The Countess Conspiracy, Courtney Milan. The romance was an excuse to write about a female scientist in the Victorian age, along with a family that mostly proves even more loyal than understood (except for the sister, but you can't have everything). It's been so long since I read the other books in this series that I've forgotten most of the details of the other characters (although I remembered the awful dresses) but now I'm reminded that there's one more book and I'll probably enjoy it.
The Flag in Exile, David Weber. I reread this for my book team, which needed a "medal on the cover." Weber reminds me a bit of Orson Scott Card in his earnest desire to have me understand every nuance of his character's emotional state, although I'd prefer to learn this more by their actions than by listening to their internal "As you know, Bob" commentary.
The Winter Garden Mystery, Carola Dunn. Thank you, Team Tapirs, for needing a book with a garden tool on it, because I have adored the Daisy Dalrymple series since I found this book. Number two in the series, this shows off her other impoverished aristocrat friends, as well as the detective who is beginning to find her frighteningly attractive, despite the fact that their different backgrounds make them a completely unsuitable couple. Also, she keeps finding dead bodies.
The Case of the Murdered Muckraker, Carola Dunn. Daisy and the detective go on honeymoon in America. All over America, since he's a pilot. So I guess things work out between them.
Guys Read: The Sports Pages, ed. Jon Scziesca. My team needed a trophy on the cover, so I broke all the rules and read this book explicitly not written for me. I liked the nonfiction stories but backed away from most of the fiction ones.
To Davy Jones Down, Carola Dunn. The start of the honeymoon. I like how I'm skipping merrily around the timeline of these Daisy Dalrymples. This one had lots of fun period information about cruise liners, which fits in well with the Agatha Christie I read that also involved a long cruise.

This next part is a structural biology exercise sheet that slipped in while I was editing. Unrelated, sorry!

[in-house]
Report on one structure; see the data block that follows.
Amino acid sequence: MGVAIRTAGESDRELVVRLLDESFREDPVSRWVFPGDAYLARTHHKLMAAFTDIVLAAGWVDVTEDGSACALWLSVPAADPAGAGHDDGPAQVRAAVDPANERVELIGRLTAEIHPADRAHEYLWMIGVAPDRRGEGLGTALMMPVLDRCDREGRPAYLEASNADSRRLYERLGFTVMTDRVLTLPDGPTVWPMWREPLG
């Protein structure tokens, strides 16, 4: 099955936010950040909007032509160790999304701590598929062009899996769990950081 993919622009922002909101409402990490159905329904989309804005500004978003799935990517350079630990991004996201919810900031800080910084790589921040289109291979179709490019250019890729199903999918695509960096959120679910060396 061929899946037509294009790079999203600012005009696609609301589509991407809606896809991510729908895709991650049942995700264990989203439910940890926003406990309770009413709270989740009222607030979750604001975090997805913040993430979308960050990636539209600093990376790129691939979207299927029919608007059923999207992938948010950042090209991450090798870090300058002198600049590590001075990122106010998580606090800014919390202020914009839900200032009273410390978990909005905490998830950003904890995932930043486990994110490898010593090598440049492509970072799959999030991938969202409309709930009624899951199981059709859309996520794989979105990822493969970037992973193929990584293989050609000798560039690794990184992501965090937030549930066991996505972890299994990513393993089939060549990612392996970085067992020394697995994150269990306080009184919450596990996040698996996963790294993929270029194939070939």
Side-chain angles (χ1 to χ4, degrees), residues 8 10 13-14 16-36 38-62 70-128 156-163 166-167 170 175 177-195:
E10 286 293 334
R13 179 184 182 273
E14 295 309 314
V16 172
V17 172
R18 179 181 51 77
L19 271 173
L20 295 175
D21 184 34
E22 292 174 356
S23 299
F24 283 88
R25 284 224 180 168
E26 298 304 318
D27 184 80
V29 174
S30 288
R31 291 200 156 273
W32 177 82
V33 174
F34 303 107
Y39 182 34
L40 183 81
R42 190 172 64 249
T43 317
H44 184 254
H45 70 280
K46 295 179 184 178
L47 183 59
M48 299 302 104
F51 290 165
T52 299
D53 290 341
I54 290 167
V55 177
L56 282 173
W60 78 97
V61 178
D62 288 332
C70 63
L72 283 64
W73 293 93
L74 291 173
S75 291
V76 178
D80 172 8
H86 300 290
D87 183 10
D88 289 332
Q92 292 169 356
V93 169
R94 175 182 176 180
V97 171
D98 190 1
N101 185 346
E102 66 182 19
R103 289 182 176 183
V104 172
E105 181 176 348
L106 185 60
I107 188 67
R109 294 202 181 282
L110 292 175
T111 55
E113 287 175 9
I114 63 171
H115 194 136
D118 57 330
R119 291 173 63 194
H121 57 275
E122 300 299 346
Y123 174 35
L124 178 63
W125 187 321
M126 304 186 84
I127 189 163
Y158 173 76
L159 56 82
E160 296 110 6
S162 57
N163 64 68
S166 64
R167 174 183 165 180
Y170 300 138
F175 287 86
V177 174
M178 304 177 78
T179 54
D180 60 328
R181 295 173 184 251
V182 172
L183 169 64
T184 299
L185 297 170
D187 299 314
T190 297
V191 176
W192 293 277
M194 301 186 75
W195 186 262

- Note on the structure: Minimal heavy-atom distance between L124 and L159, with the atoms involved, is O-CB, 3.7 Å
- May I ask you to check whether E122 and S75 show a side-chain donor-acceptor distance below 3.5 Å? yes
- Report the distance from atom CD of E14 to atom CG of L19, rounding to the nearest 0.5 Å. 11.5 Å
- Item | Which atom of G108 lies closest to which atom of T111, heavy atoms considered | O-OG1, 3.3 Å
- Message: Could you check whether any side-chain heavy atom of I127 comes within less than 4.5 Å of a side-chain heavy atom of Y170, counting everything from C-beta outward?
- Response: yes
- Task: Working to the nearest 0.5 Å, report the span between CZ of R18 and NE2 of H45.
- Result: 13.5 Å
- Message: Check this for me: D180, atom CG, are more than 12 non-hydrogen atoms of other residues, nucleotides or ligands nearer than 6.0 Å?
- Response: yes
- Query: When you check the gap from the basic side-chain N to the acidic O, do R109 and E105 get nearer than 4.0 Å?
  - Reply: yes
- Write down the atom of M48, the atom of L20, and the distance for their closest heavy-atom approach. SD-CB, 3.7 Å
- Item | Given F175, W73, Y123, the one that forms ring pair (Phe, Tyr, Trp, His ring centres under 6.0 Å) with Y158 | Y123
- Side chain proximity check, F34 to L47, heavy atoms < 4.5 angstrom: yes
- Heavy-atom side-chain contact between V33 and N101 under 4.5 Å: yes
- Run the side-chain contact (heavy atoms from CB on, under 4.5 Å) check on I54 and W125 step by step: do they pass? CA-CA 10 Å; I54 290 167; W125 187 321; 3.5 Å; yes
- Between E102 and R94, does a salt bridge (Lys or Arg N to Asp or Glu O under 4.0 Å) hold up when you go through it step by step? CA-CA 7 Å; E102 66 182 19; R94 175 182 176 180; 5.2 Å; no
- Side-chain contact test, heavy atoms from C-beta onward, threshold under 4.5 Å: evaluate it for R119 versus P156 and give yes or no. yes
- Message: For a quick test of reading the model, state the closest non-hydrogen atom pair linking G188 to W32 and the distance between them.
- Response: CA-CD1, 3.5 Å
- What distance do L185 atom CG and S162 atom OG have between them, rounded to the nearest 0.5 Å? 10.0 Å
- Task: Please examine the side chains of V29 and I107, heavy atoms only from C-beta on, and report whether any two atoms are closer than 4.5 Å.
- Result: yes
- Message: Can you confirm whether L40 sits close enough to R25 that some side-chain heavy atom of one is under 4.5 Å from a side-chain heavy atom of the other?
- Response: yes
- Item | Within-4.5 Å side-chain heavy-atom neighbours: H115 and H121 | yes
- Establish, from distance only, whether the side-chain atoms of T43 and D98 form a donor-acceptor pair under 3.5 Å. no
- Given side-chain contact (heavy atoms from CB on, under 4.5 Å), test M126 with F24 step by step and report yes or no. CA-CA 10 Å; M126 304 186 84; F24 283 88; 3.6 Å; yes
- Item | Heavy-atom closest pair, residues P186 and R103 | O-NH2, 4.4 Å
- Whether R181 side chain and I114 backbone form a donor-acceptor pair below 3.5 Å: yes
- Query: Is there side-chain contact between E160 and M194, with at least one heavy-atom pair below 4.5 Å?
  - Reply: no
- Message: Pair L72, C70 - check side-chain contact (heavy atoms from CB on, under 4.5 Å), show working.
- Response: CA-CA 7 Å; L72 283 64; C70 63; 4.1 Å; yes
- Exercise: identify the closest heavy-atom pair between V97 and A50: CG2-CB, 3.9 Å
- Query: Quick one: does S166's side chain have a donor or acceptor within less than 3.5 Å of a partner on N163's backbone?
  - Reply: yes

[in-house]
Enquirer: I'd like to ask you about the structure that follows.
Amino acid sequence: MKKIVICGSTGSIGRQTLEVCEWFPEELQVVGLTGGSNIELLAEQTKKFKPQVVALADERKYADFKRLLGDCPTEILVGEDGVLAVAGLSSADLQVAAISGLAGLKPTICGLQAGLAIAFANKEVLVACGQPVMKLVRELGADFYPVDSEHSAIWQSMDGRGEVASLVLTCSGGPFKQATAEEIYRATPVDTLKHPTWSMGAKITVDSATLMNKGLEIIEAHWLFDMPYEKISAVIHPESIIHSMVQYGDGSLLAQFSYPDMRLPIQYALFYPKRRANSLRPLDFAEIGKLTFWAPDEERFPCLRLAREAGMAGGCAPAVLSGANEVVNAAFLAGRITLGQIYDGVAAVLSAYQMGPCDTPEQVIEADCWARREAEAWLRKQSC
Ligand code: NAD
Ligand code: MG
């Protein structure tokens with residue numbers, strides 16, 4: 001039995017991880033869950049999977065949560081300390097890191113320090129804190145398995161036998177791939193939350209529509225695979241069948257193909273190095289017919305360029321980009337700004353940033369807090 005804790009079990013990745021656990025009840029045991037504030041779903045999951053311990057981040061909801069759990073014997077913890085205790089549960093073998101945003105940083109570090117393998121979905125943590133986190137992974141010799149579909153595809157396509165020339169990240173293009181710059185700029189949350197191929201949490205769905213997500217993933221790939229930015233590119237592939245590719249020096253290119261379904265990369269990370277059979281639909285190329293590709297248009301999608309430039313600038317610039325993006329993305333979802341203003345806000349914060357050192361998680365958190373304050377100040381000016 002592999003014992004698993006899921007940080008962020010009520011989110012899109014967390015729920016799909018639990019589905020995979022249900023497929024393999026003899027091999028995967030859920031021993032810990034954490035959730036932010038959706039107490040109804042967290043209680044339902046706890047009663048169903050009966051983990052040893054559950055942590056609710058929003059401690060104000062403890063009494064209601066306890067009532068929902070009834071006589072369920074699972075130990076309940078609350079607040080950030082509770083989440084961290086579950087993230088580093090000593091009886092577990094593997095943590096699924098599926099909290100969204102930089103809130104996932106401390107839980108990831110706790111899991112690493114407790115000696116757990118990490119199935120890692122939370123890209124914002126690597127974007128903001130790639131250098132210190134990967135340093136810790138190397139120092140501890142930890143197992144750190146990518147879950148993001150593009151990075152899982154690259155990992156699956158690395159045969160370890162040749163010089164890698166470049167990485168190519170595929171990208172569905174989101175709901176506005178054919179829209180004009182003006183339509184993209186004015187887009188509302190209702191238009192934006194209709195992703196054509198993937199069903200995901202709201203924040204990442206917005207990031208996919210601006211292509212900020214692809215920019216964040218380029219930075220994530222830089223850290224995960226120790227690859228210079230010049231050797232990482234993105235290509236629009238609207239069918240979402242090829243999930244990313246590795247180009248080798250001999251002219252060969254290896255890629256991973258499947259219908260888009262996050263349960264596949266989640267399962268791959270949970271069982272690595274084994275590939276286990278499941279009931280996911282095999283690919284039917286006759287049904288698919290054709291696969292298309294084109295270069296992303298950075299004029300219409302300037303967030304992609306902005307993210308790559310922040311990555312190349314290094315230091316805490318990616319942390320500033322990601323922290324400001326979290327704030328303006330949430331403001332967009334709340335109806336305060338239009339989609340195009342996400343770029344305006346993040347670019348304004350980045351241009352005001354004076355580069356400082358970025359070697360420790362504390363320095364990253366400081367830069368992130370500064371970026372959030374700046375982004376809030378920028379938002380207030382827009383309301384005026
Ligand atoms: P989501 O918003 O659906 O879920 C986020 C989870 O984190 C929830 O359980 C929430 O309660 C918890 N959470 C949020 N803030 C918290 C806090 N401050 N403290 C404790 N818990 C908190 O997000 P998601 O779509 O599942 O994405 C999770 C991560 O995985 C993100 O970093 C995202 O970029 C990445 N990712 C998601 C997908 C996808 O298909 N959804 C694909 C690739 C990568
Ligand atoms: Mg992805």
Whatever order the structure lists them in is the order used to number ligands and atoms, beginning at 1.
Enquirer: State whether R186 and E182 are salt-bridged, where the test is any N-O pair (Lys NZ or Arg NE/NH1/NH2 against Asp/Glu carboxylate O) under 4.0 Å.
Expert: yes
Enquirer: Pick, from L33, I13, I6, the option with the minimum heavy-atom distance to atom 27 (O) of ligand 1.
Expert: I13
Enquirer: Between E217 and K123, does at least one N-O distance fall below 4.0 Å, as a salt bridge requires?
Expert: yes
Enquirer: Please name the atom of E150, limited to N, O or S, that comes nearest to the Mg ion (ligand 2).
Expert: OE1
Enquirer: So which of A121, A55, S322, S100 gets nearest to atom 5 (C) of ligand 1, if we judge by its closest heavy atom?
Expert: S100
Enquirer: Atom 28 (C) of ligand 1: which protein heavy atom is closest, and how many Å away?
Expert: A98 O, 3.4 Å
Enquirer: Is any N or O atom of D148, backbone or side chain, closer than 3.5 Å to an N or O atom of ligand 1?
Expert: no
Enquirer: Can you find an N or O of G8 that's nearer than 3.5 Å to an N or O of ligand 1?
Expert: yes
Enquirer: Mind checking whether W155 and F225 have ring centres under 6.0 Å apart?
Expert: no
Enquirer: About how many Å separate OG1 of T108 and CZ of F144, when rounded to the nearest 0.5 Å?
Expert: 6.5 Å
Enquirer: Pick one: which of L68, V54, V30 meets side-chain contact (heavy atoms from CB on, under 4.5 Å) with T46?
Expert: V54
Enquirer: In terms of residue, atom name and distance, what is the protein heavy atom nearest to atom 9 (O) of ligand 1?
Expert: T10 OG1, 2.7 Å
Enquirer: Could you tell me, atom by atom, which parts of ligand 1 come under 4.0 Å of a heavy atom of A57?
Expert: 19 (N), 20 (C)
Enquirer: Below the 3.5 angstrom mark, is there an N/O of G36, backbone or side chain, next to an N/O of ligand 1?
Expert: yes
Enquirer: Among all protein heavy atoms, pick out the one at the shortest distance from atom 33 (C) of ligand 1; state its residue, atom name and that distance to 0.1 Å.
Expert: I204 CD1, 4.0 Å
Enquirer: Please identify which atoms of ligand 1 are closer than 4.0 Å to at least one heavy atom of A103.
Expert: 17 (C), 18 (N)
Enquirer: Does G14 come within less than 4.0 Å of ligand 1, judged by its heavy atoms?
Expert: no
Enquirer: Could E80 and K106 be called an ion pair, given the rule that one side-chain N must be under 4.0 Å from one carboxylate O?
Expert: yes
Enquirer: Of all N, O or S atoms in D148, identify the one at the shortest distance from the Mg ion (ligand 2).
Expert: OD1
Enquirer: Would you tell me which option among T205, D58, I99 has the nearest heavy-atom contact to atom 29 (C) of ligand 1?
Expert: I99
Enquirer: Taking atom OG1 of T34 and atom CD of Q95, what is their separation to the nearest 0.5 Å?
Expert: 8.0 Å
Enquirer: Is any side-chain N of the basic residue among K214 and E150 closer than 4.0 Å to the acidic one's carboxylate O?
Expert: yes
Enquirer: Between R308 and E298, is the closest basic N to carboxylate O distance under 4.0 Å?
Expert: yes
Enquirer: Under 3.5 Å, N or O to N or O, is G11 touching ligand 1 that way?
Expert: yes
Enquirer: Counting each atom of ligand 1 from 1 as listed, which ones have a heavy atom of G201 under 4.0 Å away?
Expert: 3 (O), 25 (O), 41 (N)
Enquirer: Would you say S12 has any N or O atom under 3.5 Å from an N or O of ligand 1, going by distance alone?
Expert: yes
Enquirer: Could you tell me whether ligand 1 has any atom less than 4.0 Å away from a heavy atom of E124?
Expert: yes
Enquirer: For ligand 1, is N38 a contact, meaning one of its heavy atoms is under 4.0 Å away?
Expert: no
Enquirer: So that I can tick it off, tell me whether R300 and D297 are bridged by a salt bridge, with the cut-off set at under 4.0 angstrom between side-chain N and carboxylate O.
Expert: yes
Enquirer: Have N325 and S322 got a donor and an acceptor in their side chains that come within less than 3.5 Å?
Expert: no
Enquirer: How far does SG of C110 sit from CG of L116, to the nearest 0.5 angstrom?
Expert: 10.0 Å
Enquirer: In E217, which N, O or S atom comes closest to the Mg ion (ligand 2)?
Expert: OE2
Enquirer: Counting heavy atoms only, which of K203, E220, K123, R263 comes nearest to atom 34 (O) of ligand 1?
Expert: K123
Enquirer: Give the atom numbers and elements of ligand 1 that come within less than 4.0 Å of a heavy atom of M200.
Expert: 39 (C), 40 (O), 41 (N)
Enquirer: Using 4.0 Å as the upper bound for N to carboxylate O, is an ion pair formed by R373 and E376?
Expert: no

Styx and Stones, Carola Dunn. Daisy is engaged here, and hanging out with her future stepdaughter Belinda, which is always fun. I really like how authentic the small details feel; of course, I have no way to judge how accurate they actually are.
Die Laughing, Carola Dunn. Now they've been married for years, and Daisy gets out of going to the dentist by finding him murdered in his office. Whew, what a relief!
This week I started and am still reading a few more books:
Someplace to Be Flying, Charles De Lint.
Requiem For a Mezzo, Carola Dunn.
Summer Garden Murder, Ann Ripley.
Scotsman of My Dreams, Karen Ranney.
Last Summer, Holly Chamberlain.
Bookmarks moved in several books:
The Three Body Problem, Cixin Liu. More talking. Not much happens.
Sea Without a Shore, David Drake. Take off! Our heroes are in a spaceship, and about to land and presumably take over a new planet.
City of Stairs, Robert Jackson Bennett. The love interest is being irrational. I don't think he really understands what is going on here.
The next few books I'm not really reading, just dipping into between the books I'm trying to finish so that I can pretend that I'm going to read the books on my bookcases. I admit I haven't made much progress with all the Tapir reading I've been doing.
A Traitor To Memory, Elizabeth George.
Emerald Atlas, John Stephens.
Kenilworth, Walter Scott.
Sammy Keyes and the Psycho Kitty Queen, Wendelin Van Draanen.
The Quantum Universe, Brian Cox & Jeff Forshaw.
Reading and Learning To Read, Jo Vacca.
2016 Challenge Progress:
- Cybils 2015: 42 out of 82. About to finish YA Graphic Novels.
- Reading My Library: I finished Falling in Love and The Corsican Caper and started the next audio. The print books are languishing, though.
- Where Am I Reading?: 38/51. I am officially way behind! I am supposed to be just about done at the end of this month. I was delighted to find myself reading a Maryland and a Maine book, only to see that I already had them!
- Full House Challenge: 25/25!
- Library Challenge: I'm at 181. Glad to see this one is still moving.
- Diversity Challenge 2016: 12/12. 11/12. Poetry is the tricky one. In October I'll looking at how man Native Americans appear in my books. So far, none, but then I've been reading a lot of British detective stories.
- Shelf Love Challenge 2016: 41. Time to make my shelves my BFF. I did buy a new book, but then I read it.
- Grown-Up Reading Challenge 2016: 19/20. Still need a Pulitzer.
- Eclectic Reader Challenge 2016: 12/12!
- Surprise Me Challenge: I keep almost reading Positively. I've picked picked up the September book. Now I should worry about the October book.
- Flash Bingo: I still need need a book about books, and an Australian book.
- Literary Exploration Challenge: 12/12. Now I'll work on the 36 challenge -- 33/36